Arts & Entertainment

Commentary: ‘Framing Britney Spears’ Highlighted Society’s Misogynistic Downfalls. Have Things Really Changed?

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From America’s golden girl to the butt of every late-night joke, pop star Britney Spears has become a media case study in the way our misogynistic society tees women up only to tear them down. 

The arrival of “Framing Britney Spears,” a New York Times documentary that shed light on the media’s treatment of Britney, her public struggles and her current legal battle over the rights to her own autonomy, has sparked renewed interest in conversations regarding the way society treats women at the top.

Britney was 16 when “…Baby One More Time” blew up in 1998 and her life erupted into a media goldmine. Front-page stories about her virginity and questioning if she got implants at 18 set the stage for later media struggles, culminating in a devastating breakdown that has left her in a conservatorship co-run by her father to this day. 

A year ago, I wrote a column on my desire to denounce the term “guilty pleasure” and allow us to respect female-driven art the same as any other. At the forefront, I cited my fandom for the princess of pop music, Britney Spears. 

As a fan for years, the beautifully done “Framing Britney Spears” didn’t shed new light on her story to me, but the immense support in response did highlight something. At its core, this fight is about more than Britney, it’s about changing our society so that no woman in the entertainment industry has to endure the same tumultuous battle.

Quite frankly, the day to apologize about Britney Spears has passed. Society chewed her up, spit her out, ran her over and then blamed her for the mess it made. We can’t erase the damage caused but we can be smart enough to not make the same mistake today.

Britney Spears is 38. She may have sang “I’m Not a Girl, Not Yet a Woman” — the definitive coming-of-age song for people with taste — in 2001, but that’s no longer the case. 

Women in fame receive vitriol in innumerable capacities on a regular basis. We place them on pedestals that we’ve already tipped over and then blame them when they fall from our unreasonably high standards.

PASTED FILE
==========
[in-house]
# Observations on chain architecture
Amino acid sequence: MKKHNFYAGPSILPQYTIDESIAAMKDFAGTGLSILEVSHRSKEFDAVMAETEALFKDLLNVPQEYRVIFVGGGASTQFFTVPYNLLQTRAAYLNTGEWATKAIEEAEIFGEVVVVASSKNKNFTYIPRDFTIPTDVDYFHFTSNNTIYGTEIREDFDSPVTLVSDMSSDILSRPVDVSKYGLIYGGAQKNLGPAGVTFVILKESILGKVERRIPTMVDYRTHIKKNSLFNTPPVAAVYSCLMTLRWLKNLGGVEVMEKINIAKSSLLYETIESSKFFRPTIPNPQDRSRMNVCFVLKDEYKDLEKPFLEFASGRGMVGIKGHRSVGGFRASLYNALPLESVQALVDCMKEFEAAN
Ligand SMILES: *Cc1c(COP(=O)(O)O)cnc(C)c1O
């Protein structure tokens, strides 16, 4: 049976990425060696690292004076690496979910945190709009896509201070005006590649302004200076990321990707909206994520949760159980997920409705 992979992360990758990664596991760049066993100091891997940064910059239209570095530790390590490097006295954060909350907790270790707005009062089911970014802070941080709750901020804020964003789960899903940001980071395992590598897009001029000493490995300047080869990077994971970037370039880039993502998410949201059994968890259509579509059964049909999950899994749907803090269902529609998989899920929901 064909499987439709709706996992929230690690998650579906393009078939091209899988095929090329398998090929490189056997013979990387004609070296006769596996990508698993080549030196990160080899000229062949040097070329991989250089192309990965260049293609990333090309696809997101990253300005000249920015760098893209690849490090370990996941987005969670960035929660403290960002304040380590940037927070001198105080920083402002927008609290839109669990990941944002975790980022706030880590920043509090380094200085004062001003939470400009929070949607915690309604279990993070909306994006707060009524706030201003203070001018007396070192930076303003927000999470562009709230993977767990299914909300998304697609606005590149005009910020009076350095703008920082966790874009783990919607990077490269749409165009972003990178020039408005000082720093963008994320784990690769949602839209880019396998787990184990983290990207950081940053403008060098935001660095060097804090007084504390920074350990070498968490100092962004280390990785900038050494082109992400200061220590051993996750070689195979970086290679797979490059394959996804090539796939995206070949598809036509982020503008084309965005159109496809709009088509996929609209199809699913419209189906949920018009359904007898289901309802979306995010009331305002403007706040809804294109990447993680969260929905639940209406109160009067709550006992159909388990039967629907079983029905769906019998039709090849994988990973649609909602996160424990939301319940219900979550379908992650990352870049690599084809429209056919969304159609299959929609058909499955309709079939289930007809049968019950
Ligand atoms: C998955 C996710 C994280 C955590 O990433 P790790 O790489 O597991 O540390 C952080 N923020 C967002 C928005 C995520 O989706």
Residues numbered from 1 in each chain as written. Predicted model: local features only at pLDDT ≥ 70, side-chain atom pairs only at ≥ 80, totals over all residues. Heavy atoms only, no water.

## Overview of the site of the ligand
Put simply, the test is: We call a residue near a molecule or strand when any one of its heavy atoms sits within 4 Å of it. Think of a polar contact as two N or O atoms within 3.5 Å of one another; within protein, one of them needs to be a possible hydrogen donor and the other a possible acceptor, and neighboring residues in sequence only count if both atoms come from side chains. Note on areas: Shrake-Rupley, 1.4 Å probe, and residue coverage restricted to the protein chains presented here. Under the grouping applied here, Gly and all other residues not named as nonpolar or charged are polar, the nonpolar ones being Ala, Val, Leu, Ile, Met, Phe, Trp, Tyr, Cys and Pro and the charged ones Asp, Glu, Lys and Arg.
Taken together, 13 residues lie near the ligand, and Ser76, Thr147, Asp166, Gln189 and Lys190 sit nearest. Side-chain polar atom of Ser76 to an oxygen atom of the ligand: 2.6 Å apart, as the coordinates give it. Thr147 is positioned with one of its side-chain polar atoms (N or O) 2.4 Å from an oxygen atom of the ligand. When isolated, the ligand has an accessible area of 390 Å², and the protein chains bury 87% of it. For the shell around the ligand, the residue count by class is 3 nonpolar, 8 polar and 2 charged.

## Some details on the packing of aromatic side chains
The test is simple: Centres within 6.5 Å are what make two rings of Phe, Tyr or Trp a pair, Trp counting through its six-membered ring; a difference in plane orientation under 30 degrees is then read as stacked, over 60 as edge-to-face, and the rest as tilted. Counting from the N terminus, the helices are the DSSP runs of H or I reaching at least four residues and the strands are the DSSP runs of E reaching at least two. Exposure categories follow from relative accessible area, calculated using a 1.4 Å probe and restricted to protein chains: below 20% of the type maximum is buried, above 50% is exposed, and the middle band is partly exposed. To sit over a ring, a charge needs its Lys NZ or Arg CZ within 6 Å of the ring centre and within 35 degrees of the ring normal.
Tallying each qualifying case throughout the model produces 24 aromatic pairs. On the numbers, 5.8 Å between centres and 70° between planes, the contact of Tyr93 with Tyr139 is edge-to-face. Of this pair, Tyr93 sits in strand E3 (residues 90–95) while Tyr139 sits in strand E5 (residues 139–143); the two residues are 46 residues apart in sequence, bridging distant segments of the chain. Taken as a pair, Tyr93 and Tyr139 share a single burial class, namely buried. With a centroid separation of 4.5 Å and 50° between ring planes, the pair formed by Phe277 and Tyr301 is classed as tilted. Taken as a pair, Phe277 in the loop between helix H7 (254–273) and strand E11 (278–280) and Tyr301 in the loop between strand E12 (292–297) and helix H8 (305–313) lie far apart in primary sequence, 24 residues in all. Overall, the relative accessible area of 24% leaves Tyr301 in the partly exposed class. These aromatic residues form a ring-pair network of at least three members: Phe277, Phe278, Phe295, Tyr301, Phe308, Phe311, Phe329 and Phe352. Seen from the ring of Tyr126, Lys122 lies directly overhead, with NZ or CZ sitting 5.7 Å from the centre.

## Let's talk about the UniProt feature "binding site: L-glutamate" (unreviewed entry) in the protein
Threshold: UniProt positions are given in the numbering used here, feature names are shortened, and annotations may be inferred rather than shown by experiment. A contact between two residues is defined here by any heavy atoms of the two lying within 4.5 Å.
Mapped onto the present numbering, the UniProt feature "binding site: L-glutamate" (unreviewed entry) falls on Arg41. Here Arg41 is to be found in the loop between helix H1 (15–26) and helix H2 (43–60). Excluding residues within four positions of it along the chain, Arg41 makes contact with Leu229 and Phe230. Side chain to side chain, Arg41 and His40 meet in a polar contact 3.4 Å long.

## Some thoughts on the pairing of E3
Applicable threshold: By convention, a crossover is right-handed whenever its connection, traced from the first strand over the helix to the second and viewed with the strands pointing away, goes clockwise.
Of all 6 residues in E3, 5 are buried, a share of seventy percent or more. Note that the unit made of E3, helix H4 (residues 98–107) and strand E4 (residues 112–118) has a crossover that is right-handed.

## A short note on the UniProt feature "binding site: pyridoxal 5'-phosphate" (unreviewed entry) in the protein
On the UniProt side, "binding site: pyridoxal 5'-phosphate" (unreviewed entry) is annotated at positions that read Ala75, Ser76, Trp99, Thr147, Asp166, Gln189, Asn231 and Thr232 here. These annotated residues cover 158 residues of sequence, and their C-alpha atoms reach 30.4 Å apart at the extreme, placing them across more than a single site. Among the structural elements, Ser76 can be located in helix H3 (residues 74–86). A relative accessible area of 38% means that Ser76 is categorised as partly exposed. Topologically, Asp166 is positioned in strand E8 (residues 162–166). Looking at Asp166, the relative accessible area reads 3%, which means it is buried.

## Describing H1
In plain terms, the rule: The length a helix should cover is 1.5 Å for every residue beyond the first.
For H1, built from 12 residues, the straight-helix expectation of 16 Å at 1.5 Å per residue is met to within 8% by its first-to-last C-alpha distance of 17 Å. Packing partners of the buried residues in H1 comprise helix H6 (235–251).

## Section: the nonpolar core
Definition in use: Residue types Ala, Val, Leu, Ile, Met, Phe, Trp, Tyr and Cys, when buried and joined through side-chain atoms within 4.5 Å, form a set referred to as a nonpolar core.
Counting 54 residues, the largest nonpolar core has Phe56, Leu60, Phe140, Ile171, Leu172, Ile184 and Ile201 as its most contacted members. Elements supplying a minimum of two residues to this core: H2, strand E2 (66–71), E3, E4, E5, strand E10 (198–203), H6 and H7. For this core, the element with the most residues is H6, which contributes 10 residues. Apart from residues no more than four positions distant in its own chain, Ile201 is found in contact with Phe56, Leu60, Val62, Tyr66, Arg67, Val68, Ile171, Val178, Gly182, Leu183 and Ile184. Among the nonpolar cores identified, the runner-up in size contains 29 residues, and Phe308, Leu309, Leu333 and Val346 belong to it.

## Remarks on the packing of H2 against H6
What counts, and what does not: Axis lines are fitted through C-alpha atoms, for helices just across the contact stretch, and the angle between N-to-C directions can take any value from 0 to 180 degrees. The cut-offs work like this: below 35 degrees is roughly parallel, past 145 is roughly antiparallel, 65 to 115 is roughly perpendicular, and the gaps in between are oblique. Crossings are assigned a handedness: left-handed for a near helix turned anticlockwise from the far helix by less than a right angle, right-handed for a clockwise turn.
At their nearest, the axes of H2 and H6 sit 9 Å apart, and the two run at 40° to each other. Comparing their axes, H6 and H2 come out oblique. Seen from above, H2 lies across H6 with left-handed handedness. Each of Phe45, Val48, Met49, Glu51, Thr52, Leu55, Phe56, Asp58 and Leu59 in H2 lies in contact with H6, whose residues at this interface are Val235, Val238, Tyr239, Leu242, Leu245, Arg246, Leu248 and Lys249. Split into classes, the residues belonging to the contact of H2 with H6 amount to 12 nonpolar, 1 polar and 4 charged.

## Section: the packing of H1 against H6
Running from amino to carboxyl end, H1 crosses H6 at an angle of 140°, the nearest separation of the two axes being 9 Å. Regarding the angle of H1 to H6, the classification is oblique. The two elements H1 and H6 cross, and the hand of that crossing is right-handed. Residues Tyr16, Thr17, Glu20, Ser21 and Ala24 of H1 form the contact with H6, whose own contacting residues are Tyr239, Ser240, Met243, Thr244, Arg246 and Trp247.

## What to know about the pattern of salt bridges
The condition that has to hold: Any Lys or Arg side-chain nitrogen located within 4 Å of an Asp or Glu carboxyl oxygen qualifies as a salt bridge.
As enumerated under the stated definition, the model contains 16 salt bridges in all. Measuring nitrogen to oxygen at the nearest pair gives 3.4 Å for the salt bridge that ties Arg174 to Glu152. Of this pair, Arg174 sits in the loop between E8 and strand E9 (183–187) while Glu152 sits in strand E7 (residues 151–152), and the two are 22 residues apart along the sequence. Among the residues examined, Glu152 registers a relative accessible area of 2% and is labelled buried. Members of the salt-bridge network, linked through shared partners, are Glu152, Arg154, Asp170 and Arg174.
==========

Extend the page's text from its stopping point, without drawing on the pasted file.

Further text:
Take the recent instance in which Cardi B and Megan Thee Stallion got hate for singing “WAP” from a bunch of dry, unasked people. Women in the media aren’t suddenly in a golden era simply because we’re calling out the treatment of Britney. 

After all, it wasn’t long ago when a 19-year-old Miley Cyrus got pegged as a “bad influence” wild-child, slut-shamed left and right all because she was coming of age in the imperfect manner we all do. You know society is topsy turvy when people are more upset with her than Robin Thicke, the then 30-something musician grinding on her during the infamous 2013 VMAs. Plus, his music sucks so there was truly no excuse for giving that man a platform.

We may be more comfortable calling out gross behavior like David Letterman’s Lindsay Lohan interview (or his Jennifer Aniston one, for that matter), but we’ve got a ways to go. I mean, there’s a swath of society that goes to Ben Shapiro for cultural commentary — we’re clearly not in a postfeminist world.

At the end of the day, change isn’t going to happen overnight. I’m not asking us to get up and rally at dawn, but let’s just be conscious of what we put out into the world. You don’t need to love every young female celebrity but it’s very easy not to add to an avalanche of hate. 

If we stop giving power to a tabloid-obsessed industry, then that voice becomes a weak whimper begging to be heard. The New York Post, the National Enquirer, the Daily Mail and many more run on a misogynistic agenda to degrade women for simply being, and it’s long overdue we minimize their impact. 

So to end, stream “In the Zone,” Britney’s best album, and don’t bully celebrities on Twitter. Should be easy enough. 

“Framing Britney Spears” is streaming on Hulu.

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